Tuesday 17 September 2019

Late Late Show dragged into drink driving case

ryan Tubridy 6.9.10 0062
ryan Tubridy 6.9.10 0062

Precisely when did the 'Late Late Show' end on the night of December 12, 2014?

That was the question left unanswered in the case of drink drive accused Anne O'Connor (43) from Rocklands, Ballywilliam.

Her Toyota Hi-Lux jeep came to grief at Clonleigh in Palace East near Clonroche before midnight on that date.

She had collected her husband Tom from the pub in Aughivore when the jeep overturned outside the home of Patrick Mahon.

The householder told the court that he heard the bang of the vehicle crashing outside, after the 'Late Late' was over when he was on his way to bed,

He put the time at somewhere between 11.30 and 12 midnight on a cold and frosty night.

Garda Superintendent John McDonald suggested that Ryan Tubridy, pictured, comes off air at 11.45 p.m.

What was certain was that Patrick Mahon dialled 911 and that it was 11.55 p.m. when the ambulance service came through to Garda Brian Flanagan alerting him to the accident.

The times became important once the Garda suspected that Ms O'Connor was over the alcohol limit.

The law insists that a sample of breath, blood or urine must be taken within three hours of driving.

In this case, it was necessary to wait until after the driver had been cut from her stricken vehicle by firemen.

She was then brought to Wexford General where she was followed by Garda Darren McDarby and Doctor Stephen Bowe.

The doctor certified that he obtained the necessary sample of blood at 2.44 a.m. and analysis showed that the defendant was over the limit, as suspected.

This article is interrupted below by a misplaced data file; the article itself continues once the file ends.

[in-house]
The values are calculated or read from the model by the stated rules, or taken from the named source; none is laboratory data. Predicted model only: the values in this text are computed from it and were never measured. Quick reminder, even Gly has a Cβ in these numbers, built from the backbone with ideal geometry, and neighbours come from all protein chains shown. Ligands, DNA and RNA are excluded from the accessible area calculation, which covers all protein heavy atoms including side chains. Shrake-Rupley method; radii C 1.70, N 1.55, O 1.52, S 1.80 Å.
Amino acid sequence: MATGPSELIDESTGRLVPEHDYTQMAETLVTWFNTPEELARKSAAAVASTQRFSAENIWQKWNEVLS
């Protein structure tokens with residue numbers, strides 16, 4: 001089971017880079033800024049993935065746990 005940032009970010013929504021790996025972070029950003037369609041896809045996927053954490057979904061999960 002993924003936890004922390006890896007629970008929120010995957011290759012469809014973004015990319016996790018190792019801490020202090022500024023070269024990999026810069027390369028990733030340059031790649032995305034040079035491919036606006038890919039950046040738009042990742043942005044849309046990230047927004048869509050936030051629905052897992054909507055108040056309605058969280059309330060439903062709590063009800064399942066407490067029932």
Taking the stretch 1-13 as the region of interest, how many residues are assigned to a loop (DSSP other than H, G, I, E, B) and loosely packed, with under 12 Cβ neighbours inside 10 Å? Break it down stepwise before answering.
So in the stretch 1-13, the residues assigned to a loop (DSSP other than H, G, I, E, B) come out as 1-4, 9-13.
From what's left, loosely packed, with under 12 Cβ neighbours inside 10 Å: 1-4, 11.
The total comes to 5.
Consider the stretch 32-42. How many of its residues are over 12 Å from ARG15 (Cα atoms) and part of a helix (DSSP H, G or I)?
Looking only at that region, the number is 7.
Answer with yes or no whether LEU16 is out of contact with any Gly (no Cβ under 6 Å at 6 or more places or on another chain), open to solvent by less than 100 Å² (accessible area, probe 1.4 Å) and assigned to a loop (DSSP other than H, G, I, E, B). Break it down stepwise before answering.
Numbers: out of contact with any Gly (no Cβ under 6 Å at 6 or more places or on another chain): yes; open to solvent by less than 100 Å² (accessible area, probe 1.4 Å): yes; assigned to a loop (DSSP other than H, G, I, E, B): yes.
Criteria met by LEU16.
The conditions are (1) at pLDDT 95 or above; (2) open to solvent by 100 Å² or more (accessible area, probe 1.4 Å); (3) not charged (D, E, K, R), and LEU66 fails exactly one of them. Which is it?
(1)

If the TV programme really did end at 11.45, then she had a case to answer but the superintendent's suggestion was not back up by any documentary proof.

It was all too close for Judge Gerard Haughton to call and he dismissed the charge after hearing evidence at Wexford District Court: 'It is so tight I cannot be satisfied beyond reasonable doubt,' he concluded.

However, he was not so quick to dismiss a charge alleging that the defendant failed to provide a roadside breath sample.

She was asked to blow into the bag by Garda Flanagan while she sat in the back of the ambulance.

The court was told that she attempted to give the sample four times but without success.

The case was complicated by the fact that she was summonsed for an offence occurring on December 12 but it was after midnight before the bag was produced so the correct date had to be December 13.

The judge reserved his position, adjourning until May 17 to consider relevant case law.

Wexford People